Brooklyn, New York 11201 United States
Our cities are changing. Global real estate is now a 217 trillion dollar industry, 36 times the value of all the gold ever mined. It makes up 60&% of the world’s assets, and the most powerful person in the world—the president of the United States—made his name as a landlord and real estate developer. As Samuel Stein makes clear in this tightly argued book, it’s through the seemingly innocuous profession of city planning that we can best understand the transformations underway. Planners provide a window into the practical dynamics of urban change: the way the state uses and is used by organized capital, and the power of landlords and developers at every level of government. But crucially, planners also possess the powers we must leverage if we ever wish to reclaim our cities.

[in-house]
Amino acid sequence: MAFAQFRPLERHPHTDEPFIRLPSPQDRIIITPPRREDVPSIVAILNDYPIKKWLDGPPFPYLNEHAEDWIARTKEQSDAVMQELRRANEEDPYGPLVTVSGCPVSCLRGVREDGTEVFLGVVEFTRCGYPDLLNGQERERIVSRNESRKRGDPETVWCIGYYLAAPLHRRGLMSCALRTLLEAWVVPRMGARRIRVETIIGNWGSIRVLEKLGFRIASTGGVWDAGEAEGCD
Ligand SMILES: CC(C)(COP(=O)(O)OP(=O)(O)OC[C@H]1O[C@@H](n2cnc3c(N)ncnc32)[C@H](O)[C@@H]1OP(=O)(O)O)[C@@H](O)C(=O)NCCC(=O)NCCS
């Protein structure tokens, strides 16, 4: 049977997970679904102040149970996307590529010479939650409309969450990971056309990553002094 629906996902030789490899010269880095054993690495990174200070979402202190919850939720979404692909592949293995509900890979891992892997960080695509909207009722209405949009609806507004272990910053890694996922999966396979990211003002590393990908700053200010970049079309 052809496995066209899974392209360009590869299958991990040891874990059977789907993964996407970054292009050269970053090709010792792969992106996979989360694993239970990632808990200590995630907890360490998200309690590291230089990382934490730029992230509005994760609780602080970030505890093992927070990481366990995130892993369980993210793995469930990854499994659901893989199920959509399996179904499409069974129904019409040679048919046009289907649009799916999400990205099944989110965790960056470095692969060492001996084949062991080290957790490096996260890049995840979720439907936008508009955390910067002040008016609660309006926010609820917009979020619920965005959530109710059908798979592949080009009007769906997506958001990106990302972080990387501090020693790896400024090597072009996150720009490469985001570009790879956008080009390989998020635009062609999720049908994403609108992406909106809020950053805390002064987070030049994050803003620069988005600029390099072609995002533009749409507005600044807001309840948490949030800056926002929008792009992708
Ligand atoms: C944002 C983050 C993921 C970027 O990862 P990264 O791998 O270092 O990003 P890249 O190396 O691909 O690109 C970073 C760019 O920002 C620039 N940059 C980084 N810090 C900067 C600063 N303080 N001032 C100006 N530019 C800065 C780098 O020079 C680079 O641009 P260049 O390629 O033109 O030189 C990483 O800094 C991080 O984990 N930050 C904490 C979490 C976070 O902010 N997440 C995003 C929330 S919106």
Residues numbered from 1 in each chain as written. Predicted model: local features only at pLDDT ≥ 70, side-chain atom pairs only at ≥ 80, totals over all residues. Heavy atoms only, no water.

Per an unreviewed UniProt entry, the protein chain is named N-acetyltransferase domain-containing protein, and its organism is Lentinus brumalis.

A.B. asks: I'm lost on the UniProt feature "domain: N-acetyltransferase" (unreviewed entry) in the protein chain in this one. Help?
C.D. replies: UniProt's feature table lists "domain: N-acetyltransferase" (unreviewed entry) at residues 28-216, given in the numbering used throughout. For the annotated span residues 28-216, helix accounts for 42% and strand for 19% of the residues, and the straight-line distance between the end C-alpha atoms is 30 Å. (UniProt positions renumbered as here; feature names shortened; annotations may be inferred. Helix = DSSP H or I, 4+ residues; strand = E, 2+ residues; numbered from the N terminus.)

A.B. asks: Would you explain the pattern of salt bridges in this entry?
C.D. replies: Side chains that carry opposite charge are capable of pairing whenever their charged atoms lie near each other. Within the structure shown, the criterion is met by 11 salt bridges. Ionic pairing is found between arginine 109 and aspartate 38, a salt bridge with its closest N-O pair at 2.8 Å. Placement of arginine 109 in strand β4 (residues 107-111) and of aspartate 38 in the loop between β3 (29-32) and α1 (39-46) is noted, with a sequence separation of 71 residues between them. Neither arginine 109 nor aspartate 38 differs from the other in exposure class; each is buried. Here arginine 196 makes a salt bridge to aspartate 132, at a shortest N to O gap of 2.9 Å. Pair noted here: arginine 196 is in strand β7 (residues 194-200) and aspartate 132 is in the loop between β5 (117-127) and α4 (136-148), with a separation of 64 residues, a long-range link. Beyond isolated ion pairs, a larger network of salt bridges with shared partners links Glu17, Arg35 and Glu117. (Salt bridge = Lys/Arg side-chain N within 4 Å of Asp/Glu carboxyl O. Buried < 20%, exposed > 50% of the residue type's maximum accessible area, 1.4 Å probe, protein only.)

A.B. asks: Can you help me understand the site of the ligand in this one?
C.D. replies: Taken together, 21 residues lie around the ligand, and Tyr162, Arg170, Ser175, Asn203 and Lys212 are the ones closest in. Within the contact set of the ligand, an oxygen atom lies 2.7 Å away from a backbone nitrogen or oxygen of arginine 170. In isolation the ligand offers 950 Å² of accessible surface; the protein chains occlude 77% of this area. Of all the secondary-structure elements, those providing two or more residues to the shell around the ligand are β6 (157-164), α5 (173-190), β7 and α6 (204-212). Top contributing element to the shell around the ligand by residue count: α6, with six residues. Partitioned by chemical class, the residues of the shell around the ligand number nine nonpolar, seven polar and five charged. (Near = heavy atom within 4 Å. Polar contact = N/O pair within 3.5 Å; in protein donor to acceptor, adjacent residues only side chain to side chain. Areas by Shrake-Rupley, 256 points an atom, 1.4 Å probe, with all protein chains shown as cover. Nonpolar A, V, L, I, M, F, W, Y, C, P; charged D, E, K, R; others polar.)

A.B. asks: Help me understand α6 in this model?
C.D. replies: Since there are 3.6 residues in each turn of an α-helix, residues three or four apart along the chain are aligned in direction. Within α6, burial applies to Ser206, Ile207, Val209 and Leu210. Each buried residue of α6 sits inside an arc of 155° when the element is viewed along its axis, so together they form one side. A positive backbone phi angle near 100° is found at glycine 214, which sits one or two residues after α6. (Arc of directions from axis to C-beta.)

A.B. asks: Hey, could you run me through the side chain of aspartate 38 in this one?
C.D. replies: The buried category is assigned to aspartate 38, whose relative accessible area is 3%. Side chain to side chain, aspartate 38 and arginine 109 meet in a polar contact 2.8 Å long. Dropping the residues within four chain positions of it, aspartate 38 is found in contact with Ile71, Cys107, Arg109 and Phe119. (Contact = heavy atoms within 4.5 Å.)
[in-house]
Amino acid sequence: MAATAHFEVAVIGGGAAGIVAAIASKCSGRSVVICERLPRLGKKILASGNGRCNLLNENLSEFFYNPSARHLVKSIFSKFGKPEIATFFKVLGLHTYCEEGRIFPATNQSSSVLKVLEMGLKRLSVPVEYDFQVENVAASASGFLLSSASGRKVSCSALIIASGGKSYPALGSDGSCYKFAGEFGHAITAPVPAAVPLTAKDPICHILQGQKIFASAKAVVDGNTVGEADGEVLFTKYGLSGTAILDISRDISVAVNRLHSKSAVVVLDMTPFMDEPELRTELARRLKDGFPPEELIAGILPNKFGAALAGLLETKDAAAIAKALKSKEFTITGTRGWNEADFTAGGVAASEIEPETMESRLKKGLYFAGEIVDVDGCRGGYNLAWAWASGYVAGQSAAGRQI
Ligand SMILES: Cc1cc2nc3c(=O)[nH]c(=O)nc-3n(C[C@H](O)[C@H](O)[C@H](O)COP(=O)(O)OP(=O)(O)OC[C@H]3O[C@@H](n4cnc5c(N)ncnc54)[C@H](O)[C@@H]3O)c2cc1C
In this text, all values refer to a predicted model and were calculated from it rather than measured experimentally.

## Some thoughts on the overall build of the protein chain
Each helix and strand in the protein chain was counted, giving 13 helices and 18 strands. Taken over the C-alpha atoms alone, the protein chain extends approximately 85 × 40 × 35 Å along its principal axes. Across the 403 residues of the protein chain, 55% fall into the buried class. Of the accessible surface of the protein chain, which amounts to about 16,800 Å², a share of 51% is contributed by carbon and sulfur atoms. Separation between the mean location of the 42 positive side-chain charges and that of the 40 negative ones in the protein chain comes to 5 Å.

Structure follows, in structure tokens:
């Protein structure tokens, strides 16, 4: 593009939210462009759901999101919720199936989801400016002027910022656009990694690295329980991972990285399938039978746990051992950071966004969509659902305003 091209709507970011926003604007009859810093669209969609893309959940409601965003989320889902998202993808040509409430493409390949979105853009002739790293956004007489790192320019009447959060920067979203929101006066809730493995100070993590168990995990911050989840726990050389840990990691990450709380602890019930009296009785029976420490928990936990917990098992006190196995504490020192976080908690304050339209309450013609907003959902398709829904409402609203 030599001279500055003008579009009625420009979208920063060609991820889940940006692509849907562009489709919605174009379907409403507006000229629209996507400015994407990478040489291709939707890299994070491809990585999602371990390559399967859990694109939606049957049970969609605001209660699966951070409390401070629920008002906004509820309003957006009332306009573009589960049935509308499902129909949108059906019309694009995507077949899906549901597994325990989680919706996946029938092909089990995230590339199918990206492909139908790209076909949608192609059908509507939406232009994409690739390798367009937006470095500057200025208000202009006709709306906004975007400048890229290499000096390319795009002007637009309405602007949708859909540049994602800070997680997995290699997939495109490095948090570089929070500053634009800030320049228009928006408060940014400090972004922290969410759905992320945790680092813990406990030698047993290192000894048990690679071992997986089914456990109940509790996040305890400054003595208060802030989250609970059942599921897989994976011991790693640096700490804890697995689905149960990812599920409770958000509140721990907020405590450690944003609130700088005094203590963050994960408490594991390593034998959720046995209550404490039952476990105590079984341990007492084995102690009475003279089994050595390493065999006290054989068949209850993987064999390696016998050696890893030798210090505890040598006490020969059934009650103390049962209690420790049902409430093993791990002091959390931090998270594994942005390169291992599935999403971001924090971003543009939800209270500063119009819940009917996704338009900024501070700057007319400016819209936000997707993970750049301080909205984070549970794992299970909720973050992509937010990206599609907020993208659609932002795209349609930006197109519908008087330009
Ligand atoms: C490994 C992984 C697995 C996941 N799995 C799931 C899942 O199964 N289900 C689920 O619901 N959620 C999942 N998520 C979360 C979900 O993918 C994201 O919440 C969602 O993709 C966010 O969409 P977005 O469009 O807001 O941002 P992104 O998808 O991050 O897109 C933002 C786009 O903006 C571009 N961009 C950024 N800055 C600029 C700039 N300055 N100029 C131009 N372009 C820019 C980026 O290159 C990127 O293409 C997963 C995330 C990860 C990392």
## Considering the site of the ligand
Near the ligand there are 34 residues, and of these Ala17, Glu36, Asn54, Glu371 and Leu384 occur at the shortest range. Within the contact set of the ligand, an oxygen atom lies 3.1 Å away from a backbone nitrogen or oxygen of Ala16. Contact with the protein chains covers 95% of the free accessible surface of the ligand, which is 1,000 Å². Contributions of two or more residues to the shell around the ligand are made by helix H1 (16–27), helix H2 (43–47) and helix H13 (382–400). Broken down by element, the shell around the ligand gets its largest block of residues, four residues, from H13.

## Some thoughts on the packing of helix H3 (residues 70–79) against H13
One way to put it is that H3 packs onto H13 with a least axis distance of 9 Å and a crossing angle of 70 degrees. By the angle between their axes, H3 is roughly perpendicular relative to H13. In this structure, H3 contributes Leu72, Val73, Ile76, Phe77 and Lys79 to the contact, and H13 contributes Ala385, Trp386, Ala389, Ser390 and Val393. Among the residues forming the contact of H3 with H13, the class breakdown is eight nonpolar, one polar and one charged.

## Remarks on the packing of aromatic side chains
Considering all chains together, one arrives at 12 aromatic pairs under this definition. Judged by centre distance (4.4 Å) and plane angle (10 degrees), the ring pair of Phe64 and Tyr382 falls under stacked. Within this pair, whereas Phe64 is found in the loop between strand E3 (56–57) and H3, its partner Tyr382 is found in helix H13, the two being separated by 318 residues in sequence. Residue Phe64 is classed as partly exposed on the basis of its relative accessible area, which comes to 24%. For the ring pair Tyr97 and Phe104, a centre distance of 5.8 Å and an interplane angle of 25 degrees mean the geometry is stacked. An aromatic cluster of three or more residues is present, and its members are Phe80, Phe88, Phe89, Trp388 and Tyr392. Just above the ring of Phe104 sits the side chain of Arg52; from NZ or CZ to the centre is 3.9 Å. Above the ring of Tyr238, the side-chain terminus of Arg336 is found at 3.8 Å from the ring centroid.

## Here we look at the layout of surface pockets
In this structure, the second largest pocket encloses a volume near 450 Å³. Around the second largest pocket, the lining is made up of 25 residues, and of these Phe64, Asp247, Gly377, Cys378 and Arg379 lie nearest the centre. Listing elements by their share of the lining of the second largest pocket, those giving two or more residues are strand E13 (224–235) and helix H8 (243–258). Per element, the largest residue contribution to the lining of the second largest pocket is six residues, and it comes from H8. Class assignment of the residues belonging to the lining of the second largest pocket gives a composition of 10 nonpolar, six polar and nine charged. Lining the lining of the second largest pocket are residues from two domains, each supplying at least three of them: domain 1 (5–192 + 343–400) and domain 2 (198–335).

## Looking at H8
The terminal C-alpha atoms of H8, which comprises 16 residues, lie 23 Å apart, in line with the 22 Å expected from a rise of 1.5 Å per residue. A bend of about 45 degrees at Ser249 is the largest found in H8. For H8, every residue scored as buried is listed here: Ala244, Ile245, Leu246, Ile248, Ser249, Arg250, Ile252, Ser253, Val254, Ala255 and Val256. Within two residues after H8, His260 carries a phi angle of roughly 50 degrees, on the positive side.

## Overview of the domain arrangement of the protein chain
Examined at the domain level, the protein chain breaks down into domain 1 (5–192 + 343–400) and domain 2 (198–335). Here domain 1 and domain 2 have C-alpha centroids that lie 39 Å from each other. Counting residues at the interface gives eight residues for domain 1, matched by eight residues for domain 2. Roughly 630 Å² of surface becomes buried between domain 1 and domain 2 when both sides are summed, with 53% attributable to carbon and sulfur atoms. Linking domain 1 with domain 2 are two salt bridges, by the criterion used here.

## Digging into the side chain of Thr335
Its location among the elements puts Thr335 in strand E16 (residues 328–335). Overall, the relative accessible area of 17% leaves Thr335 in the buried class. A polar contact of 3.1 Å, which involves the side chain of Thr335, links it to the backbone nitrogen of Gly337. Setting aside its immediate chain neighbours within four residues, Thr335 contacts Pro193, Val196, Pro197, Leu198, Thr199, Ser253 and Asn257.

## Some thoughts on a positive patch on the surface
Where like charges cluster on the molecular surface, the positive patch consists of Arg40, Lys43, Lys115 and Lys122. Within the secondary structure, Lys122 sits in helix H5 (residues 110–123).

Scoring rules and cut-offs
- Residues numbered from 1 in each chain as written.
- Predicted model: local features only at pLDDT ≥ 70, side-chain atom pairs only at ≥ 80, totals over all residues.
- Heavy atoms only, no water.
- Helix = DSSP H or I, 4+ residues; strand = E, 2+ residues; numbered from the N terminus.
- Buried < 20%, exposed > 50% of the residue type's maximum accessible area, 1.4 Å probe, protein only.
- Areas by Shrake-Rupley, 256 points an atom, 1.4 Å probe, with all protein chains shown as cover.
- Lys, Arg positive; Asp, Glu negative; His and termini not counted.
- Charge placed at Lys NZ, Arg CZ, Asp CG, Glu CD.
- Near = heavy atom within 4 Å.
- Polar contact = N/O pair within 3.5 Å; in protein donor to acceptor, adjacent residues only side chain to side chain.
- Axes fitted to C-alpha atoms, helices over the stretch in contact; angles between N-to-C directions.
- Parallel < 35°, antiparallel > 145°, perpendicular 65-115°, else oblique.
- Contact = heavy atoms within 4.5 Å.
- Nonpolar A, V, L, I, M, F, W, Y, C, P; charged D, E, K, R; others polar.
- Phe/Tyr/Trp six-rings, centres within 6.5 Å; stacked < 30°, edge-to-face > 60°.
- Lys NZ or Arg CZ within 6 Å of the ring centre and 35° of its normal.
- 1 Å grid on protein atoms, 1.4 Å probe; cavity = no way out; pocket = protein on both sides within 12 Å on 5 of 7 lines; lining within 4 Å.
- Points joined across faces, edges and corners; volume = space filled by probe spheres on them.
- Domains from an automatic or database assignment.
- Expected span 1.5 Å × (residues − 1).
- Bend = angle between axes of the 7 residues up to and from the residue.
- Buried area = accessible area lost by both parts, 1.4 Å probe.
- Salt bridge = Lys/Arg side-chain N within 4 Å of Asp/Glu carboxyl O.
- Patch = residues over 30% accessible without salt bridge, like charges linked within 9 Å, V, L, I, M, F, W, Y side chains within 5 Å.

Samuel Stein studies geography at the Graduate Center of the City University of New York and teaches urban studies at Hunter College. His writing on planning politics been published by Jacobin, The Journal of Urban Affairs, Metropolitics, and many other magazines and journals.